Peter Falk, the stage and movie actor who became identified as the rumpled detective Columbo in the hit series which spanned 30 years of prime-time television, has died at the age of 83.
Falk died at his Beverly Hills home on Thursday night, according to a statement released by family friend Larry Larson.
In a court document filed in December 2008, Falk's daughter Catherine Falk said her father was suffering from Alzheimer's disease.
Columbo began its history in 1971 as part of the NBC Sunday Mystery Movie series. Falk was reportedly paid 250,000 US dollars a movie and could have made much more if he had accepted an offer to convert Columbo into a weekly series.
Columbo's trademark was an ancient raincoat Falk had once bought for himself. After 25 years on television, the coat became so tattered it had to be replaced.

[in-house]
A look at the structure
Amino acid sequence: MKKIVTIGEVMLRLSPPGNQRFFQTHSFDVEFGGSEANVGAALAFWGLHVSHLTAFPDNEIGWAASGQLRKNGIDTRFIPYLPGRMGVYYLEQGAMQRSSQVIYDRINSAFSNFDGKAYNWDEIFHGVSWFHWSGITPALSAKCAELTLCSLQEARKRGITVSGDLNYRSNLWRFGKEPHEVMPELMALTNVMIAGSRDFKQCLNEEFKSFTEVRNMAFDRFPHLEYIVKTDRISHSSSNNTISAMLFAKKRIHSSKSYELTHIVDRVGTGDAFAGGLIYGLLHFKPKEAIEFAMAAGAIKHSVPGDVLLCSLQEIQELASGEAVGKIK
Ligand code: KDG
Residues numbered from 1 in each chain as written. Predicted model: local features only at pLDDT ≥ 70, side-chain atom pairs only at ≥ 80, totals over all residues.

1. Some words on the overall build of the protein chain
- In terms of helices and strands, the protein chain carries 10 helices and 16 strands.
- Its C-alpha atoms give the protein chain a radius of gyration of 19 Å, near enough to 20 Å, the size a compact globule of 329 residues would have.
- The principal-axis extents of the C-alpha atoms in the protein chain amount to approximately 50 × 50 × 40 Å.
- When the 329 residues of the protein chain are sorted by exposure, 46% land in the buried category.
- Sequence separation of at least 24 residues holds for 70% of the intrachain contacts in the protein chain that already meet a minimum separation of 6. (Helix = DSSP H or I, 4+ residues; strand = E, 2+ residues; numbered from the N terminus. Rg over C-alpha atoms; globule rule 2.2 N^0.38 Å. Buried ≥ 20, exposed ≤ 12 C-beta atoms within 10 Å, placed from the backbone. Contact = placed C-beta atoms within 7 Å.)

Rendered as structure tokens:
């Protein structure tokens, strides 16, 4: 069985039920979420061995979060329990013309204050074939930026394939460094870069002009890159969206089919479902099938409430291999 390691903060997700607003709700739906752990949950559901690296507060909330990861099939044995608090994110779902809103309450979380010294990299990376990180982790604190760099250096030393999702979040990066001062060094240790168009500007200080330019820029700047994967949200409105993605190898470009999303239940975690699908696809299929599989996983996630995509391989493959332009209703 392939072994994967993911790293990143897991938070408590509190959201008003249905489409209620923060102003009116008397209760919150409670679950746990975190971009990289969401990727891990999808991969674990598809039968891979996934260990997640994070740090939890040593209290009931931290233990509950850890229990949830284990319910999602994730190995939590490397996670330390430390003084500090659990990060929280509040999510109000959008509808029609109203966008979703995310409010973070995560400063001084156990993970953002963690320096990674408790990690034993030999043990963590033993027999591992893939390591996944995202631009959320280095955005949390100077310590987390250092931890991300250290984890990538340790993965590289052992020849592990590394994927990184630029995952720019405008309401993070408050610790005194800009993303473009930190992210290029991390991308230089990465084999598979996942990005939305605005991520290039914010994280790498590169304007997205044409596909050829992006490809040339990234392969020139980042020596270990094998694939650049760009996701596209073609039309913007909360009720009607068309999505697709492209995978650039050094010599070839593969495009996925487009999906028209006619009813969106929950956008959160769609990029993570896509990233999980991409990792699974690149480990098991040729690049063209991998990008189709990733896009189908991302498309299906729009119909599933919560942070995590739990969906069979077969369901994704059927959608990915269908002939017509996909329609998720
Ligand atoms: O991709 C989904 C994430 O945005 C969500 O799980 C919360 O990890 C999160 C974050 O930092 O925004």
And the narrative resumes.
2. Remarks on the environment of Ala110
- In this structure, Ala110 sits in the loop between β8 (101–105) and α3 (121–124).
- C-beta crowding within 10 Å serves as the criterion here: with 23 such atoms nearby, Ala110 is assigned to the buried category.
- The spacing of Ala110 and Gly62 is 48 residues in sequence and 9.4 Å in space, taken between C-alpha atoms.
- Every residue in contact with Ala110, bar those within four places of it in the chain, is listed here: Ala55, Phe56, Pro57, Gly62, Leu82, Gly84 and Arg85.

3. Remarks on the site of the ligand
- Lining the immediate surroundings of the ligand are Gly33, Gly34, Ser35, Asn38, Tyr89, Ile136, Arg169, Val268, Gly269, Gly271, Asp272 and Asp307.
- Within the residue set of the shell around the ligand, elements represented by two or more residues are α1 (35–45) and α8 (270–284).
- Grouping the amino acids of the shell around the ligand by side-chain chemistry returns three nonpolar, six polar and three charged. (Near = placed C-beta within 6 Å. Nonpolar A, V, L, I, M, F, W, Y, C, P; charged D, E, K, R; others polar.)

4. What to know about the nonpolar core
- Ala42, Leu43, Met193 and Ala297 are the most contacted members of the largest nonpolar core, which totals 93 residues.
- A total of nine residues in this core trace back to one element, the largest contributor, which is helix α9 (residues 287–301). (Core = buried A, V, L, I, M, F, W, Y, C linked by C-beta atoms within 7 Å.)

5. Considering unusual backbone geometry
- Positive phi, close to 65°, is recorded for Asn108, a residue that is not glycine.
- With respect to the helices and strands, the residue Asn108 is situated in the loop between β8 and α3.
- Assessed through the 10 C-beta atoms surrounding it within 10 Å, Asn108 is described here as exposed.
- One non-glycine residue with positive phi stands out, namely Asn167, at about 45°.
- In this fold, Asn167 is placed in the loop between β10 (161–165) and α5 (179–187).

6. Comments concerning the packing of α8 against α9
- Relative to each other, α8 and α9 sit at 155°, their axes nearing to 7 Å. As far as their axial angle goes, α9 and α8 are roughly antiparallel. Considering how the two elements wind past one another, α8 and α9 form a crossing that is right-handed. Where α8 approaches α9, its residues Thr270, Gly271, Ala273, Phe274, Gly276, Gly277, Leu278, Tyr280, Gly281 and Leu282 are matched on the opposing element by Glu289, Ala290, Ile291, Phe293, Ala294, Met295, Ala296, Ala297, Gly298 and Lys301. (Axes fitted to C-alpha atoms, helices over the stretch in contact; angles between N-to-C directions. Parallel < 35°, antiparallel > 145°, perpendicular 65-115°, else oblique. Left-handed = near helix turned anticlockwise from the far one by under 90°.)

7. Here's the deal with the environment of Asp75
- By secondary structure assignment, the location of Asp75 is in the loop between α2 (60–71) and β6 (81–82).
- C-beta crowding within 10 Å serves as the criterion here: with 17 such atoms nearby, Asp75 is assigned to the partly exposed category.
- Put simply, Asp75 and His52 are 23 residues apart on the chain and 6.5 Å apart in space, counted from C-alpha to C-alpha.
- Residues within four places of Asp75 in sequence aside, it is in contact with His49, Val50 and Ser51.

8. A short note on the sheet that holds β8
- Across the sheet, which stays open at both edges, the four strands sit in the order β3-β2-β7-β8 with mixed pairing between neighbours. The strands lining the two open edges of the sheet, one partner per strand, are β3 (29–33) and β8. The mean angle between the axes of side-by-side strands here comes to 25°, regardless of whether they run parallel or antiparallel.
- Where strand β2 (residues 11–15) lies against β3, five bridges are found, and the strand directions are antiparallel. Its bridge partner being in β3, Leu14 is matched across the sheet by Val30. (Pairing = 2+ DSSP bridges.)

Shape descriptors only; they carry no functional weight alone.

Peter Michael Falk was born on September 16 1927, in New York City and grew up in Ossining, New York, where his parents ran a clothing store. At three he had one eye removed because of cancer.
"When something like that happens early," he said in a 1963 interview, "you learn to live with it. It became the joke of the neighbourhood. If the umpire ruled me out on a bad call, I'd take the fake eye out and hand it to him."
When Falk was starting as an actor in New York, an agent told him, "Of course, you won't be able to work in movies or TV because of your eye." Falk would later win two Oscar nominations (for Murder, Inc in 1960 and Pocketful Of Miracles in 1961) and win five Emmys.
Falk is survived by his wife Shera and his two daughters.